3.  To this you answered, O swineherd Eumaeus, "Old man, you willneither get paid for bringing good news, nor will Ulysses ever comehome; drink you wine in peace, and let us talk about something else.Do not keep on reminding me of all this; it always pains me when anyone speaks about my honoured master. As for your oath we will let italone, but I only wish he may come, as do Penelope, his old fatherLaertes, and his son Telemachus. I am terribly unhappy too aboutthis same boy of his; he was running up fast into manhood, and badefare to be no worse man, face and figure, than his father, but someone, either god or man, has been unsettling his mind, so he has goneoff to Pylos to try and get news of his father, and the suitors arelying in wait for him as he is coming home, in the hope of leaving thehouse of Arceisius without a name in Ithaca. But let us say no moreabout him, and leave him to be taken, or else to escape if the sonof Saturn holds his hand over him to protect him. And now, old man,tell me your own story; tell me also, for I want to know, who youare and where you come from. Tell me of your town and parents, whatmanner of ship you came in, how crew brought you to Ithaca, and fromwhat country they professed to come- for you cannot have come byland."
4.  Thus spoke Menelaus, and the heart of Telemachus yearned as hebethought him of his father. Tears fell from his eyes as he heardhim thus mentioned, so that he held his cloak before his face withboth hands. When Menelaus saw this he doubted whether to let himchoose his own time for speaking, or to ask him at once and findwhat it was all about.
5.   Then the god stayed his stream and stilled the waves, making allcalm before him, and bringing him safely into the mouth of theriver. Here at last Ulysses' knees and strong hands failed him, forthe sea had completely broken him. His body was all swollen, and hismouth and nostrils ran down like a river with sea-water, so that hecould neither breathe nor speak, and lay swooning from sheerexhaustion; presently, when he had got his breath and came tohimself again, he took off the scarf that Ino had given him andthrew it back into the salt stream of the river, whereon Inoreceived it into her hands from the wave that bore it towards her.Then he left the river, laid himself down among the rushes, and kissedthe bounteous earth.
6.  To this Penelope said, "My dear sir, of all the guests who everyet came to my house there never was one who spoke in all thingswith such admirable propriety as you do. There happens to be in thehouse a most respectable old woman- the same who received my poor dearhusband in her arms the night he was born, and nursed him ininfancy. She is very feeble now, but she shall wash your feet.""Come here," said she, "Euryclea, and wash your master's age-mate; Isuppose Ulysses' hands and feet are very much the same now as his are,for trouble ages all of us dreadfully fast."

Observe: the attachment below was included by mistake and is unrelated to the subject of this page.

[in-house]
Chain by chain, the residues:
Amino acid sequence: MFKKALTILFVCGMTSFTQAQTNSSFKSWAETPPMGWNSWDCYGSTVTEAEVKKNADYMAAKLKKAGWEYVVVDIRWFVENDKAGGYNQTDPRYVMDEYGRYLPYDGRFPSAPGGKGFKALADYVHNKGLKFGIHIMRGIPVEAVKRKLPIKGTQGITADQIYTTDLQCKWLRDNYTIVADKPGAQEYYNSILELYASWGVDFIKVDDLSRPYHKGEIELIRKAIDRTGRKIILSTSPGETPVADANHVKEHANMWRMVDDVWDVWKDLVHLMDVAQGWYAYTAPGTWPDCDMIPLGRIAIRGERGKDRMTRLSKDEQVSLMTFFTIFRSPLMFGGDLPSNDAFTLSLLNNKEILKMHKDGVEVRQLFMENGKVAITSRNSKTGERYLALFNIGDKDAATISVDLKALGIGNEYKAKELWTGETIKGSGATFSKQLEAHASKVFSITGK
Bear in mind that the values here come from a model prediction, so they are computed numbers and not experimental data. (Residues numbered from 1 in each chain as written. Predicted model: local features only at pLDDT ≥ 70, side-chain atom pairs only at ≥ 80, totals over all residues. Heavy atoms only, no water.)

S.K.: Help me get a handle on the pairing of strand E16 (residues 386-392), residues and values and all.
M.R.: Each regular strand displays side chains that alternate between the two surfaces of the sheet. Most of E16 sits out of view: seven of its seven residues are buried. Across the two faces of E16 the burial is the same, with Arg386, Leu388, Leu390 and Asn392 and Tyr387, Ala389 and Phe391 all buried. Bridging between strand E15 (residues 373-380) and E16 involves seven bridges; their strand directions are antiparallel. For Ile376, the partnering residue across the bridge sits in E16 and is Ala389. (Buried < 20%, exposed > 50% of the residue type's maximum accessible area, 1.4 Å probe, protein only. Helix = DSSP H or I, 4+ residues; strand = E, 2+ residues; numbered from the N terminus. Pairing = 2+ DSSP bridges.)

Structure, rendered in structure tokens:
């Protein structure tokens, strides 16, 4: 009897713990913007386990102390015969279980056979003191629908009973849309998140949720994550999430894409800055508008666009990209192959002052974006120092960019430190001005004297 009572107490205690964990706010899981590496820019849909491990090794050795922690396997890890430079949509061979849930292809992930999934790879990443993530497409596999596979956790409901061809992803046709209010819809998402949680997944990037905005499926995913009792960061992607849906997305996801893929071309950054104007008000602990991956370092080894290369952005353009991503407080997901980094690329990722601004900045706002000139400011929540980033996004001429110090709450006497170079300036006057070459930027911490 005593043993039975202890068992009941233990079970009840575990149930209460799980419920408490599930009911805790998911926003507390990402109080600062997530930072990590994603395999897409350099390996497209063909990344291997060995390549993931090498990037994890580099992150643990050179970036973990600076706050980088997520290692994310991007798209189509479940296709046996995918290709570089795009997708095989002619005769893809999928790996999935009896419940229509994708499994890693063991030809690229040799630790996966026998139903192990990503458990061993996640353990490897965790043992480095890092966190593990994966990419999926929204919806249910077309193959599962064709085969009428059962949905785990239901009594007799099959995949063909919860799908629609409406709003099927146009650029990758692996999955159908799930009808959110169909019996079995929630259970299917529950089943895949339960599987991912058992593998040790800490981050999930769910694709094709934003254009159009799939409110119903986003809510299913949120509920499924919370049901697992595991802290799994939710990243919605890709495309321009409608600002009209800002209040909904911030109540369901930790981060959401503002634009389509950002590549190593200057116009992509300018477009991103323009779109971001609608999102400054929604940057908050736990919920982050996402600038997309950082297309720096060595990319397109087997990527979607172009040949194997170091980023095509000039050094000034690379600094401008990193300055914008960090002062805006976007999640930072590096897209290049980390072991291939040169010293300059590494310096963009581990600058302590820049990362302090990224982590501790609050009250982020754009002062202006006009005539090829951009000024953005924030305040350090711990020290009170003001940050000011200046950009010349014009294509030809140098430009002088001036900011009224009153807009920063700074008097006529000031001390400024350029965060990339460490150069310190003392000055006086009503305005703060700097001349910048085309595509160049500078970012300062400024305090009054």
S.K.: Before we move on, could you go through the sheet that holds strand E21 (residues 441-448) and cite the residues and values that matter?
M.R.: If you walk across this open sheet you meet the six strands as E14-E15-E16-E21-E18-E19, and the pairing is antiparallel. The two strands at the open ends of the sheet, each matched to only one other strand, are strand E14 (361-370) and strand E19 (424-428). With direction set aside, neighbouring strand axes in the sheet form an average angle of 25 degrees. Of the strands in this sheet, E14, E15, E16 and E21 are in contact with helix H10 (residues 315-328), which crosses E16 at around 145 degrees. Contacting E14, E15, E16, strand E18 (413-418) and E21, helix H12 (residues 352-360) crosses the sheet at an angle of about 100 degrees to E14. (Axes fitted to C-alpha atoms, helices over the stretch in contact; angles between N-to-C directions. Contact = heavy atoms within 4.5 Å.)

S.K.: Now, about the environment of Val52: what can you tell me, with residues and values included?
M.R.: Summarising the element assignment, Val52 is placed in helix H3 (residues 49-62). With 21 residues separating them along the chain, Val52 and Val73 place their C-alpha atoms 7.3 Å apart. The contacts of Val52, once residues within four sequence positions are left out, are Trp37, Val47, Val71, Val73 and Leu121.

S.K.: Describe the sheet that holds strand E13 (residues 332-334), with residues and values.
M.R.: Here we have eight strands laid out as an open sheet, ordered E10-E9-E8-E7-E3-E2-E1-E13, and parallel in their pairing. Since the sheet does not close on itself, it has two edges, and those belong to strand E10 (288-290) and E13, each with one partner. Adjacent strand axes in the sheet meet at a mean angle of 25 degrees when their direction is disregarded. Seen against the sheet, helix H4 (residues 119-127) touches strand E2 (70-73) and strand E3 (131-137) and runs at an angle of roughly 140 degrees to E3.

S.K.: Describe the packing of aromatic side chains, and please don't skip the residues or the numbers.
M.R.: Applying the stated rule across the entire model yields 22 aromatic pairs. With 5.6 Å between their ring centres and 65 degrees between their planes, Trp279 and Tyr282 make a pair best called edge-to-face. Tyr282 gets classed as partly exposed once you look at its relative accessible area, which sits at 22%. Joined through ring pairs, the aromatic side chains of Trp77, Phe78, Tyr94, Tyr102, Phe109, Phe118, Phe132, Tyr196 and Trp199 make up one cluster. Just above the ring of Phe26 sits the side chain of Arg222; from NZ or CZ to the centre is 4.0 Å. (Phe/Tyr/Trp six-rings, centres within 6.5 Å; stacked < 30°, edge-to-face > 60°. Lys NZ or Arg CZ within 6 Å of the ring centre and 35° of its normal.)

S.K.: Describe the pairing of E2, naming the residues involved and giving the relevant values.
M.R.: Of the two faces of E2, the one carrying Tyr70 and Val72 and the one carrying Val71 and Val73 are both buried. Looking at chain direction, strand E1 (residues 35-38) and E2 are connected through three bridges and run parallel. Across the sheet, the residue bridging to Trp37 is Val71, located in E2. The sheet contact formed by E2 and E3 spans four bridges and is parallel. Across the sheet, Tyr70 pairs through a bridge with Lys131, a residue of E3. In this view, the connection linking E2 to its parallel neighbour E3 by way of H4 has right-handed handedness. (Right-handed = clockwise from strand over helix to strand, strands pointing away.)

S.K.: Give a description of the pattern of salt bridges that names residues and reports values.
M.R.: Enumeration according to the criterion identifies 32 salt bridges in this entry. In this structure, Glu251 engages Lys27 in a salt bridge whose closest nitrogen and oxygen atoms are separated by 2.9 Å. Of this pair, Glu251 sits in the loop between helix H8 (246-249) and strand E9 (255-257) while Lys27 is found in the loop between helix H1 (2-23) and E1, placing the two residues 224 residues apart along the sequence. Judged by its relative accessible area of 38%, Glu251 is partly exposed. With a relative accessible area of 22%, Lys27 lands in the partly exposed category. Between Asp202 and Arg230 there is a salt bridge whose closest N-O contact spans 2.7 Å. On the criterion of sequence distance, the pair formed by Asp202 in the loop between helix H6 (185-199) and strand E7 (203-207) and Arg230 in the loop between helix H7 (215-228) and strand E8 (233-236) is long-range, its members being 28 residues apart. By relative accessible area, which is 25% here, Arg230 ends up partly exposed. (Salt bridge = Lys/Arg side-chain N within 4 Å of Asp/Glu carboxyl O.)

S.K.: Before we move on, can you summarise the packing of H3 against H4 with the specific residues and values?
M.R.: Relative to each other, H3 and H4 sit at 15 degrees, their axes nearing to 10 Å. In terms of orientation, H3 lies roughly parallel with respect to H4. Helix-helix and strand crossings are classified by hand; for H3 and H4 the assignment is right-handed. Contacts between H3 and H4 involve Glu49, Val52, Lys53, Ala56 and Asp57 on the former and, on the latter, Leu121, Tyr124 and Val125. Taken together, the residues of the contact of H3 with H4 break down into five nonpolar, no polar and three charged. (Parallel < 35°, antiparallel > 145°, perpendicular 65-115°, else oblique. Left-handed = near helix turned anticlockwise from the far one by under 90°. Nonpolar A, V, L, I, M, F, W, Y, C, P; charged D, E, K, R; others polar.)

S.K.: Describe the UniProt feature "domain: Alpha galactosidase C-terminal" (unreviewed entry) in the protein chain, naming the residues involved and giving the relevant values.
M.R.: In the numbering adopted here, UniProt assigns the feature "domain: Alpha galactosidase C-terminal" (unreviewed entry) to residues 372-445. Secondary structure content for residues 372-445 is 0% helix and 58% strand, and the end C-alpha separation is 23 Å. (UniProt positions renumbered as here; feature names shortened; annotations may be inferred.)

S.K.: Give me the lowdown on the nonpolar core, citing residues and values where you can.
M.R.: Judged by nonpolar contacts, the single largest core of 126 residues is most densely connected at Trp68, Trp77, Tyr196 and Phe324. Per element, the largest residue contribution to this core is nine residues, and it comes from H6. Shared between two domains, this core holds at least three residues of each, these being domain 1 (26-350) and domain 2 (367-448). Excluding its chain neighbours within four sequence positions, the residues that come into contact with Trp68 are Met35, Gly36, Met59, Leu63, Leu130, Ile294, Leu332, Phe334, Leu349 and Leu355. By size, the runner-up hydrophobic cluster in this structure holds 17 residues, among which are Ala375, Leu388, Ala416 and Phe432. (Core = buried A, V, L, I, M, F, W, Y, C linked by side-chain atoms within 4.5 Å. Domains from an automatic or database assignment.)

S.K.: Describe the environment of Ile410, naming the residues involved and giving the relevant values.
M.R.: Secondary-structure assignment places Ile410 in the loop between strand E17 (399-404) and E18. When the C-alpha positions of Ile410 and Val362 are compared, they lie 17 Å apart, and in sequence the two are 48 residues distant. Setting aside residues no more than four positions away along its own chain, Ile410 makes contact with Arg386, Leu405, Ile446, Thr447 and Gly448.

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1.  "Alas," he exclaimed, "among what manner of people am I fallen?Are they savage and uncivilized or hospitable and humane? Whereshall I put all this treasure, and which way shall I go? I wish Ihad stayed over there with the Phaeacians; or I could have gone tosome other great chief who would have been good to me and given mean escort. As it is I do not know where to put my treasure, and Icannot leave it here for fear somebody else should get hold of it.In good truth the chiefs and rulers of the Phaeacians have not beendealing fairly by me, and have left me in the wrong country; they saidthey would take me back to Ithaca and they have not done so: mayJove the protector of suppliants chastise them, for he watches overeverybody and punishes those who do wrong. Still, I suppose I mustcount my goods and see if the crew have gone off with any of them."
2.  Telemachus answered, "I can expect nothing of the kind; it wouldbe far too much to hope for. I dare not let myself think of it. Eventhough the gods themselves willed it no such good fortune could befallme."
3.  And Minerva said, "Father, son of Saturn, King of kings, if, then,the gods now mean that Ulysses should get home, we should first sendMercury to the Ogygian island to tell Calypso that we have made up ourminds and that he is to return. In the meantime I will go to Ithaca,to put heart into Ulysses' son Telemachus; I will embolden him to callthe Achaeans in assembly, and speak out to the suitors of his motherPenelope, who persist in eating up any number of his sheep and oxen; Iwill also conduct him to Sparta and to Pylos, to see if he can hearanything about the return of his dear father- for this will makepeople speak well of him."
4、  "All that you have said is true," answered Euryclea, "but let mebring you some clean clothes- a shirt and cloak. Do not keep theserags on your back any longer. It is not right."